Animal Writes
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24 June 2001 Issue
Canned Hunts: Fair Chase or Foul Play?

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With so many controversial elements, the definition is often more elusive than the animals hunted.

What is a “canned hunt”? It depends who you ask.

To say that it’s an operation in which animals are shot in an enclosure doesn’t really answer the question. For example, if shooting an animal in a small pen is a canned hunt, what about on a hundred acres? Or a thousand?

Some claim that there are other considerations: Is the terrain flat grassland, or are there woods and other cover? Are the animals tame? Are they fed by humans? Are they healthy? Does the ranch allow baiting or the use of hounds? How are animals tracked? Do hunting stands oversee the area? Can the animals avoid being killed, or are they nothing more than target practice?

Hunters speak of “fair chase.” They say that the defining element in hunting is not the kill but the chase — tracking an animal for hours, or even days, in hopes of setting up the perfect shot. But canned hunts, which are condemned by pro- and anti-hunting groups alike, turn the notion of fair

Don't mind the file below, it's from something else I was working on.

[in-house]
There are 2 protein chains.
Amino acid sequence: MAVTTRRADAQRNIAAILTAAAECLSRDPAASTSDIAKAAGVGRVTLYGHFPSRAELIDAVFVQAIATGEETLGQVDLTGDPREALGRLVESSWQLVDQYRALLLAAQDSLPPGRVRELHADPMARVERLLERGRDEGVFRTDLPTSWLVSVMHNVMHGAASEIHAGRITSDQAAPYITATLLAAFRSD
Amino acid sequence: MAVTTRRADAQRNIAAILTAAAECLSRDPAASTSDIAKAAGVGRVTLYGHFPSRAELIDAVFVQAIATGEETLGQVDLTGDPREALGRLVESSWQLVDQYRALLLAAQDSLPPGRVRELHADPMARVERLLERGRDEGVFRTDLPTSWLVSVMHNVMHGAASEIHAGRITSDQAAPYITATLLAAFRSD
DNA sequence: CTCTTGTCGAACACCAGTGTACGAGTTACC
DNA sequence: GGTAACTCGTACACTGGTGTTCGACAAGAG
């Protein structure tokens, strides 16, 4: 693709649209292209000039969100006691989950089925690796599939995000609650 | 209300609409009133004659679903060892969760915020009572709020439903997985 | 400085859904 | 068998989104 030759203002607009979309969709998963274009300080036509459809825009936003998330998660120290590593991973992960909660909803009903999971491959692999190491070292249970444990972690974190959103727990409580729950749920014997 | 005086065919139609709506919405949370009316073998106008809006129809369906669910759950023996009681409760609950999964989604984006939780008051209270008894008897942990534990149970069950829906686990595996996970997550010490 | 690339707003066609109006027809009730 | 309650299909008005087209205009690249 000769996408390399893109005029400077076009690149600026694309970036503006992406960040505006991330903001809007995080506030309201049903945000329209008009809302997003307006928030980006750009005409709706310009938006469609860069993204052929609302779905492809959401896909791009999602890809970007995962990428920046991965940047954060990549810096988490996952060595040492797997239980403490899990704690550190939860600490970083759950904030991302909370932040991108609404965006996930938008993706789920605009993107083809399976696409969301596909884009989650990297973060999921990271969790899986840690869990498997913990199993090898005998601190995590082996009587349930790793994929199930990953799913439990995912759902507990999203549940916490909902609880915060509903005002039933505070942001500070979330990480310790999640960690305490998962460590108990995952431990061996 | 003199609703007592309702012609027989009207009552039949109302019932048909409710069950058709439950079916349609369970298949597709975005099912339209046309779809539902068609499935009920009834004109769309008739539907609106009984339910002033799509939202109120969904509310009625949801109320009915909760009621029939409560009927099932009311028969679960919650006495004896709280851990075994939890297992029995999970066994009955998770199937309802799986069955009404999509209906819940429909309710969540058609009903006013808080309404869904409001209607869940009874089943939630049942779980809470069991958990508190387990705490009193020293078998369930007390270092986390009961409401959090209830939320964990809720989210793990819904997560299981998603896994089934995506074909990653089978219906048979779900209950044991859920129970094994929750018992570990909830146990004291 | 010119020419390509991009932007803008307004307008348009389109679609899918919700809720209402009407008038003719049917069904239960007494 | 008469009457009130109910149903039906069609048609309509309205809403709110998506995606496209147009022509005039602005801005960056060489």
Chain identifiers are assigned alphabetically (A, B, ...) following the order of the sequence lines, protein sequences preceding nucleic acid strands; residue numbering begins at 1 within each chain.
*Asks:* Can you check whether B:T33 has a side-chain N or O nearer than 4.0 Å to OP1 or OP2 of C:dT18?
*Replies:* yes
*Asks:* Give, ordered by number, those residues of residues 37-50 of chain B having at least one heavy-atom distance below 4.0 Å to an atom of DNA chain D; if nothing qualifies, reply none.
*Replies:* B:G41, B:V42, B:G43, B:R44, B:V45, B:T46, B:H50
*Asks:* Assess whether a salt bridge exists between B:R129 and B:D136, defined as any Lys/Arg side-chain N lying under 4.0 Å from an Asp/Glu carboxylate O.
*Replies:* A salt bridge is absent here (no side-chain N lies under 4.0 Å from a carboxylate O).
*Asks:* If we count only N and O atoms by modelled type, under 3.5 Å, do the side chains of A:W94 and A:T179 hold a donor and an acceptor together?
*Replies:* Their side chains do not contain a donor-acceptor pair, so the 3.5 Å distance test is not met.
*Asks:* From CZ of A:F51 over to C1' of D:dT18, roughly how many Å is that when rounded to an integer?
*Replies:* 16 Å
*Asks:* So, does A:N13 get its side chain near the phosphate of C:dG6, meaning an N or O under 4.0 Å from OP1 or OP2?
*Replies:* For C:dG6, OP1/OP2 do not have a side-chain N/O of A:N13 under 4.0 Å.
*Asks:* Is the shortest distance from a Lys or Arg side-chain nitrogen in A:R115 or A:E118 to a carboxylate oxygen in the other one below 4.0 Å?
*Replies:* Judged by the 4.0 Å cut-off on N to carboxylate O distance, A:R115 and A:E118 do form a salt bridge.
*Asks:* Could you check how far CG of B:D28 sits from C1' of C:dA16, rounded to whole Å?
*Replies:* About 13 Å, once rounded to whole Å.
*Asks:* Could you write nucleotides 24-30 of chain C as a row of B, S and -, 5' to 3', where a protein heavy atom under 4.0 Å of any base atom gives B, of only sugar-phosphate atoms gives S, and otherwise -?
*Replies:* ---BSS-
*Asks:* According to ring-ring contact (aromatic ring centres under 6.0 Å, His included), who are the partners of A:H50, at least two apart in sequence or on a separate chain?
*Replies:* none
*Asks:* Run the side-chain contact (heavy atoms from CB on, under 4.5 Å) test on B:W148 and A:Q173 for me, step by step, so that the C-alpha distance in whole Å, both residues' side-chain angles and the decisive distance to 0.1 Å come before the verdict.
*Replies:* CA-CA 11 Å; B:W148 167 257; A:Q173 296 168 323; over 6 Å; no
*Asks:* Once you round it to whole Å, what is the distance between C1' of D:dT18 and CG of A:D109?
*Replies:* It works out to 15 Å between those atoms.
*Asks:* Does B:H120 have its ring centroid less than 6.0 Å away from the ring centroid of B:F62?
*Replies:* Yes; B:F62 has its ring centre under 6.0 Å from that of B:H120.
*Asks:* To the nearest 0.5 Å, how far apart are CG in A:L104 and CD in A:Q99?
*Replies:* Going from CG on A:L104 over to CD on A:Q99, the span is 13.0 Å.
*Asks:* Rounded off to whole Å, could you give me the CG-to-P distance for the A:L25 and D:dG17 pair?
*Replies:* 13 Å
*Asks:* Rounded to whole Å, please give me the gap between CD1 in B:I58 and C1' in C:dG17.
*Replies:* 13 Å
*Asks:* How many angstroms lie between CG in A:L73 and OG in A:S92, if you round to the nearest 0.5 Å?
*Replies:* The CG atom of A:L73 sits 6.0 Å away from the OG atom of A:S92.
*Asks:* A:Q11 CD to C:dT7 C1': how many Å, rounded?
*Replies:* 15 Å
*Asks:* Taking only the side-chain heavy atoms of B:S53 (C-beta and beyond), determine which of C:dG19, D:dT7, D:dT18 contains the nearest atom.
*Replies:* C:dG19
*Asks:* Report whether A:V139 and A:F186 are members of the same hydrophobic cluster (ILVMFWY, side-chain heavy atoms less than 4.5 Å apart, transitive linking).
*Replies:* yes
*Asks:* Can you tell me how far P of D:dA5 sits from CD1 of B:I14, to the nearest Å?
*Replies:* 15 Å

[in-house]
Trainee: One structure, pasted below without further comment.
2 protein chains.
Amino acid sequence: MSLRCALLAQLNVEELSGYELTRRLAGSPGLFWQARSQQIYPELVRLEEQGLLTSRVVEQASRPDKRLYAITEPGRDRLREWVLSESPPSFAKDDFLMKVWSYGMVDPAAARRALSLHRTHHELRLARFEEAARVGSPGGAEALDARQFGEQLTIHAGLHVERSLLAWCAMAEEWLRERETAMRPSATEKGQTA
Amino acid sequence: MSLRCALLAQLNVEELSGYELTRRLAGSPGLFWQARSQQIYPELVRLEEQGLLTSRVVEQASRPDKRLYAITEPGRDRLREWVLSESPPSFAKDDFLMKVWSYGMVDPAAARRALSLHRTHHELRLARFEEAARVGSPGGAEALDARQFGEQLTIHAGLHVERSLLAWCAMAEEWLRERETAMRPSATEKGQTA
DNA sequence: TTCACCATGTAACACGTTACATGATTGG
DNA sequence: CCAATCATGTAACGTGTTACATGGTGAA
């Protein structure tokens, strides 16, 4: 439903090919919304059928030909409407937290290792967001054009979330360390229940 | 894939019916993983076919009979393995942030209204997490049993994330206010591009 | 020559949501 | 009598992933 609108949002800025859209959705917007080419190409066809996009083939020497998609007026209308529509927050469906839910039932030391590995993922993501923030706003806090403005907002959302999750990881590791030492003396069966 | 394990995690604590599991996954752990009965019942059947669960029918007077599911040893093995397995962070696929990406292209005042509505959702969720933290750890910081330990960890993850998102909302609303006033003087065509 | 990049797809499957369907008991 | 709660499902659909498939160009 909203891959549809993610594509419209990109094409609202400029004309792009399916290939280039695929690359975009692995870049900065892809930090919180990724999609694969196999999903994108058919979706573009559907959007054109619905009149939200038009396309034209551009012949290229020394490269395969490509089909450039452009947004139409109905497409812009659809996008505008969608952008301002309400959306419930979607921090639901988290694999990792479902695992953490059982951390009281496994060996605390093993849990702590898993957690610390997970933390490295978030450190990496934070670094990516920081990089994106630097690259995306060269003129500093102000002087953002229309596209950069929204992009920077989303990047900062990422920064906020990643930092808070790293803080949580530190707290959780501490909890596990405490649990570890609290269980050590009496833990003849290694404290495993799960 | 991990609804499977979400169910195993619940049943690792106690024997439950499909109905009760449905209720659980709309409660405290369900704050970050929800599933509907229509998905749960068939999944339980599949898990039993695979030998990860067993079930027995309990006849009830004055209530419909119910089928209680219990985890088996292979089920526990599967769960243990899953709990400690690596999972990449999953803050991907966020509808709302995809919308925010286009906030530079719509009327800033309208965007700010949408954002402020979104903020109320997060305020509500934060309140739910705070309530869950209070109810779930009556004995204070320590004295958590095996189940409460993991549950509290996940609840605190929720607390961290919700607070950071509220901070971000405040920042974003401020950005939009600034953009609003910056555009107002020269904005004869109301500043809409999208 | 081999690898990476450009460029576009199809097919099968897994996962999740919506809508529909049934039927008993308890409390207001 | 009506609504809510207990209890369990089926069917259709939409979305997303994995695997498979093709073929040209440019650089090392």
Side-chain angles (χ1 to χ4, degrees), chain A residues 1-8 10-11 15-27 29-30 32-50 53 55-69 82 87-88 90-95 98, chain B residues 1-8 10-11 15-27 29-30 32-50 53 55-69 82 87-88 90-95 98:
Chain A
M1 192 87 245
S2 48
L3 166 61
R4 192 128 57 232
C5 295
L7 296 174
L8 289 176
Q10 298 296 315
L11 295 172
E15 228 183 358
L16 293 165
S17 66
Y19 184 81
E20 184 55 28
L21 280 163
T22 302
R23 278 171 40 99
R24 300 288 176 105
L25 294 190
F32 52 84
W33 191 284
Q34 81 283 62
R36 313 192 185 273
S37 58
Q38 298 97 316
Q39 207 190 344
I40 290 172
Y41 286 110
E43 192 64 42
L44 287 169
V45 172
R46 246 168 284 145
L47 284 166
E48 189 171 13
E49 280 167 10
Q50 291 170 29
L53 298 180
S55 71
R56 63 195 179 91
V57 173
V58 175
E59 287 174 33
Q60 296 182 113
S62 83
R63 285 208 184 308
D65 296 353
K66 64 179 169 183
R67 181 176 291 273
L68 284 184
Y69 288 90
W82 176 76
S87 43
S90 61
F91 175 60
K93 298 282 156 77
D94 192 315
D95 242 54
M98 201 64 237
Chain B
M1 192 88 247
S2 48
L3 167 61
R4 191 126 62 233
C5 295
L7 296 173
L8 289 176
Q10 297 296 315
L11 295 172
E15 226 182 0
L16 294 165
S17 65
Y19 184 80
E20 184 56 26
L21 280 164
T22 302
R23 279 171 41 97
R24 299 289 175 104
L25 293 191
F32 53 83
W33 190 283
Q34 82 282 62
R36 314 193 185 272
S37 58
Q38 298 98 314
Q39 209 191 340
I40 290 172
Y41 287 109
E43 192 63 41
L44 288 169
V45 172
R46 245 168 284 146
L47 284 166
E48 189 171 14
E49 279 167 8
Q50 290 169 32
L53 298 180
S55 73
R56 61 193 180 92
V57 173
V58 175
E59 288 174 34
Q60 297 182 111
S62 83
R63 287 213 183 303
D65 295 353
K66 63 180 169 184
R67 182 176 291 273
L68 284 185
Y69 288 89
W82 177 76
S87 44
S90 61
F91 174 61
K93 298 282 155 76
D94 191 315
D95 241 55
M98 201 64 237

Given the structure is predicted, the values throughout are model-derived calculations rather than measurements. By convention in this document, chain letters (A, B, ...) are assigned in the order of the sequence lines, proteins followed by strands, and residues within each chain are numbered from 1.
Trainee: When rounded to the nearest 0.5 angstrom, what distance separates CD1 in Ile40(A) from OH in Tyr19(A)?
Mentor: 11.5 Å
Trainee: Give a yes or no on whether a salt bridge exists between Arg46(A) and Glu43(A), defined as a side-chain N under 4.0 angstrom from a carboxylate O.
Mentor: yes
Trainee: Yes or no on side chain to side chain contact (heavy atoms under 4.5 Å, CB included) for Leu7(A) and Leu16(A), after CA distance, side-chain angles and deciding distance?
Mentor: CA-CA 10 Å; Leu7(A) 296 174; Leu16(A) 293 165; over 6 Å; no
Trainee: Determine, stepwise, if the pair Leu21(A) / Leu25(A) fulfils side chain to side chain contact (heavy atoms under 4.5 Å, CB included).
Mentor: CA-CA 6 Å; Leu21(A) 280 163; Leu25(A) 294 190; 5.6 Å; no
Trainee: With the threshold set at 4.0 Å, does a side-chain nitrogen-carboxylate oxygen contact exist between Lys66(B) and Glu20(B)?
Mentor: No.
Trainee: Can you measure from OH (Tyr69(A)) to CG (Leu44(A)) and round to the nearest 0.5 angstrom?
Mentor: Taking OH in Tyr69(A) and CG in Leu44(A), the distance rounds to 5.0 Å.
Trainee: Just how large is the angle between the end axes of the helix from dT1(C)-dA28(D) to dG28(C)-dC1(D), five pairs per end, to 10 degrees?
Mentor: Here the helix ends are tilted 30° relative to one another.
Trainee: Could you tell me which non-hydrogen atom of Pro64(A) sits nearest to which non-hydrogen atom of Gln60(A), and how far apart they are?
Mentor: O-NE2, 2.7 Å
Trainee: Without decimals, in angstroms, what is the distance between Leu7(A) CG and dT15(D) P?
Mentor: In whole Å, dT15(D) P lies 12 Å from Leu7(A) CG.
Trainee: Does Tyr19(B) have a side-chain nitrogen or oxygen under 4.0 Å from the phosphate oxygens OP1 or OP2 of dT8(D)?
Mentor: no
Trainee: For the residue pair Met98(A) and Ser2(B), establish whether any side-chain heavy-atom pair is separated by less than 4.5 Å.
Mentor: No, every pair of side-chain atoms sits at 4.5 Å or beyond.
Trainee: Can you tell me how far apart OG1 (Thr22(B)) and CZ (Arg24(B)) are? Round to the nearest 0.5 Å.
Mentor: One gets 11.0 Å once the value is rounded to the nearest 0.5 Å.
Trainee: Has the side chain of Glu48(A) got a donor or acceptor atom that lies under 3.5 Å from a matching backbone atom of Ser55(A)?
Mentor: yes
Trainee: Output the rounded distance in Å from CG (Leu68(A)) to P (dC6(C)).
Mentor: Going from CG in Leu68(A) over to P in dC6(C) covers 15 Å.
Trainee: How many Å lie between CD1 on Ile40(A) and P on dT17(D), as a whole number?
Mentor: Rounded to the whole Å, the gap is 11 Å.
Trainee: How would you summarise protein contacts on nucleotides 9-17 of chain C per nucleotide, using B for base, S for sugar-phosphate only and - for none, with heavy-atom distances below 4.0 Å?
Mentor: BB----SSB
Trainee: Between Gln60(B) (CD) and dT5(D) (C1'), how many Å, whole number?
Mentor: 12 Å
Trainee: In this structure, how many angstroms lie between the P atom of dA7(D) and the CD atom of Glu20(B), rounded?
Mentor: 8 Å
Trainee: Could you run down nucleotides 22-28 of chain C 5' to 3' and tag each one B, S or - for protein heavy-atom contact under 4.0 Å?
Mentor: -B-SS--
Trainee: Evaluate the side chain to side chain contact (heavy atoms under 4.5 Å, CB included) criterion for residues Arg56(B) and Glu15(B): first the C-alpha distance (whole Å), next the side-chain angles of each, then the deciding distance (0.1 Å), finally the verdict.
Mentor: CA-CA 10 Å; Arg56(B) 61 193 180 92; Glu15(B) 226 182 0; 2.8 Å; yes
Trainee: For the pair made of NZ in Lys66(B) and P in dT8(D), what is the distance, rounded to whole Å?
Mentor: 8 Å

chase upside-down: patrons are guaranteed a kill, making a mockery of sport hunting. For example, the Boone and Crockett Club, a hunting organization founded by Teddy Roosevelt, has called canned hunts “unfair” and “unsportsmanlike.” Other pro-hunting organizations label these operations nothing more than “canned shoots.”

The most obvious example of a canned hunt is the wanton slaughter of a “trophy” animal in a small enclosure. But if the enclosure is thousands of square acres, is that still a canned hunt? Maybe. Often the animals on hunting ranches are tame, having been hand-raised. Animals that instinctively would flee humans, instead approach them seemingly without concern. The same truck that brings the animals’ daily feed also brings the trophy-seekers. Fleeing animals are chased by trucks. Hounds corner exotic game or tree big cats. Drugged animals, too disoriented to run, are released on the premises. Animals are kicked out of cages for waiting patrons. Some refuse to budge and are shot nonetheless.

In short, there is no escape.

Go on to 50 Major U.S. Research Labs Hit With Massive USDA Complaint
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